Submitted to: Small Ruminant Research
Publication Type: Peer Reviewed Journal
Publication Acceptance Date: 12/28/2006
Publication Date: 9/10/2007
Citation: Estell, R.E., Fredrickson, E.L., Anderson, D.M., Remmenga, M.D. 2007. Effects of eugenol, alpha-terpineol, terpin-4-01, and methyl eugenol on consumption of alfalfa pellets by sheep. Small Ruminant Research. 73:272-276.
Interpretive Summary: Encroachment of shrubs into arid grasslands is of concern to both livestock producers and ecologists. Shrubs often contain chemicals that cause them to be unpalatable to livestock and wildlife. We are exploring the relationship of volatile plant chemicals and shrub consumption by herbivores. Our previous work revealed that preference of livestock for tarbush varied considerably from plant to plant, and volatile leaf surface chemicals were partly responsible for that variability. In this study, we applied four chemicals contained in tarbush to alfalfa pellets and fed themn to lambs to determine if they affect intake when applied individually. None of the compounds tested (eugenol, '-terpineol, terpin-4-ol, or methyl eugenol) reduced intake in this study, and therefore do not appear to be related to the avoidance of shrubs by livestock. Information on the compounds that control intake will ultimately provide us with mechanisms to alter the amount of a particular plant species consumed by livestock.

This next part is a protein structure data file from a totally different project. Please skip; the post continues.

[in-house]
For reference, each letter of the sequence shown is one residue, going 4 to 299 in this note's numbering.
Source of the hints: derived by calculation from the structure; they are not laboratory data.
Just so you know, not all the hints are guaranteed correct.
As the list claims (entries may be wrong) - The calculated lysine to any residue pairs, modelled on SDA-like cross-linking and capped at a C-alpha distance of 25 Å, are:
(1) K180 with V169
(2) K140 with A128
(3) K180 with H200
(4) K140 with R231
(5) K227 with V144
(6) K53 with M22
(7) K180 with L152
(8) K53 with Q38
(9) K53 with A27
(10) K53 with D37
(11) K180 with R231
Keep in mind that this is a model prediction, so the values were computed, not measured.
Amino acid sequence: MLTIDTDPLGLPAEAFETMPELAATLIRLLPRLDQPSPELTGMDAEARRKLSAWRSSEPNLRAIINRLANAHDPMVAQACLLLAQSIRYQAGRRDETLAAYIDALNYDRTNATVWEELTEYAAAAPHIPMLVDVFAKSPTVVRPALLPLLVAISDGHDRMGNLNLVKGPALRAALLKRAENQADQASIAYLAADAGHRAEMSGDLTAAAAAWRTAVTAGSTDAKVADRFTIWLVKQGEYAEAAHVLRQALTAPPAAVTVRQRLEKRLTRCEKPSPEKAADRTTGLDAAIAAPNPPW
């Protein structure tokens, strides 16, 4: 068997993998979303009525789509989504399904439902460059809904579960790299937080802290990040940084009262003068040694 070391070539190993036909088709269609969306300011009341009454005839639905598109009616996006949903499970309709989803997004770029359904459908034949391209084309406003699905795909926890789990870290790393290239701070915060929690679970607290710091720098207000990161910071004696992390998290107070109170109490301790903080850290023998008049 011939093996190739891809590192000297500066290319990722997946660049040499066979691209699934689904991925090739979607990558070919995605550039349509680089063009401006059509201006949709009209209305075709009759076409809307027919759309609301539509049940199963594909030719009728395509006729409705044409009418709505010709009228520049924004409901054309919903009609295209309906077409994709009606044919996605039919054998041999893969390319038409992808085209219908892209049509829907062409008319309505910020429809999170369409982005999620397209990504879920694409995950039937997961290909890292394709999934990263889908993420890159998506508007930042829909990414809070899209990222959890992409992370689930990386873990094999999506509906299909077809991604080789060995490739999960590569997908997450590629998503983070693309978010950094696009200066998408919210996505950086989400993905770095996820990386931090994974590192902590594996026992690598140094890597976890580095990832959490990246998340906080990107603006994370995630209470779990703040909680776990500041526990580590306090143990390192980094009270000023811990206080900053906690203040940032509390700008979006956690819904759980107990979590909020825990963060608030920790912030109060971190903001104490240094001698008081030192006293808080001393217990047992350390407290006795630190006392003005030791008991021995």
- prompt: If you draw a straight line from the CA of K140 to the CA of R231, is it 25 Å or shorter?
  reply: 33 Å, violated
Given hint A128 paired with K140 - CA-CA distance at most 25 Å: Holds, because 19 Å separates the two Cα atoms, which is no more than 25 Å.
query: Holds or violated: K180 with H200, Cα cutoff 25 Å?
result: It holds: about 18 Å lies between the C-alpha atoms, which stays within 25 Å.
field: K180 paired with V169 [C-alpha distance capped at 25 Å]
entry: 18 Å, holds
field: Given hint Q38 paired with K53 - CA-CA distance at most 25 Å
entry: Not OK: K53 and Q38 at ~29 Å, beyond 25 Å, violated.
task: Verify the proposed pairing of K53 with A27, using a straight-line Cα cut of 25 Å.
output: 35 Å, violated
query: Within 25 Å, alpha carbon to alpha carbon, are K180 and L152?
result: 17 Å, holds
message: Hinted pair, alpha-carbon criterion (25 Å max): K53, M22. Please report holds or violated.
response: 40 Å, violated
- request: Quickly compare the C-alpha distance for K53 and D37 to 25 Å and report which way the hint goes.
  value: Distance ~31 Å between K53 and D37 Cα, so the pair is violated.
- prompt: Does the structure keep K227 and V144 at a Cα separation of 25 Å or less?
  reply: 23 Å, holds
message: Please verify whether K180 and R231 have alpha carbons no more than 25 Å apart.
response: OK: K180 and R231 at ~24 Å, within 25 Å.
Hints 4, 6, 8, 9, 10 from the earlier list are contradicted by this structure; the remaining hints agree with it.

Technical Abstract: Many secondary compounds are typically present in unpalatable shrubs on rangelands in the western United States. However, the relationship between intake by livestock and concentration of individual chemicals has been examined for very few of these compounds. Four experiments were conducted to examine effects of individual volatile compounds on intake of alfalfa pellets by lambs. Forty-five lambs (9 lambs/treatment) were individually fed alfalfa pellets with eugenol, '-terpineol, terpin-4-ol, or methyl eugenol applied at one of five concentrations in an ethanol carrier. Treatments were multiples (0, 0.5, 1, 2, and 10X) of the concentration (X) of each compound on the leaf surface of Flourensia cernua. Treatment solutions were sprayed on alfalfa pellets (0.64 kg.lamb-1.d-1, DM basis), and consumption was measured during a 20-min interval for five days. A day effect (P < 0.001 for both linear and quadratic contrasts) was detected for intake in all four experiments, but no day x treatment interactions were observed (P > 0.05). The day effect was generally due to lower intake on day 1, except for the methyl eugenol experiment, in which lambs consumed more pellets on day 1. No treatment effects were observed (P > 0.05) for any of the four chemicals tested; thus, eugenol, '-terpineol, terpin-4-ol, and methyl eugenol were not related to intake of alfalfa pellets by lambs under the conditions of this study.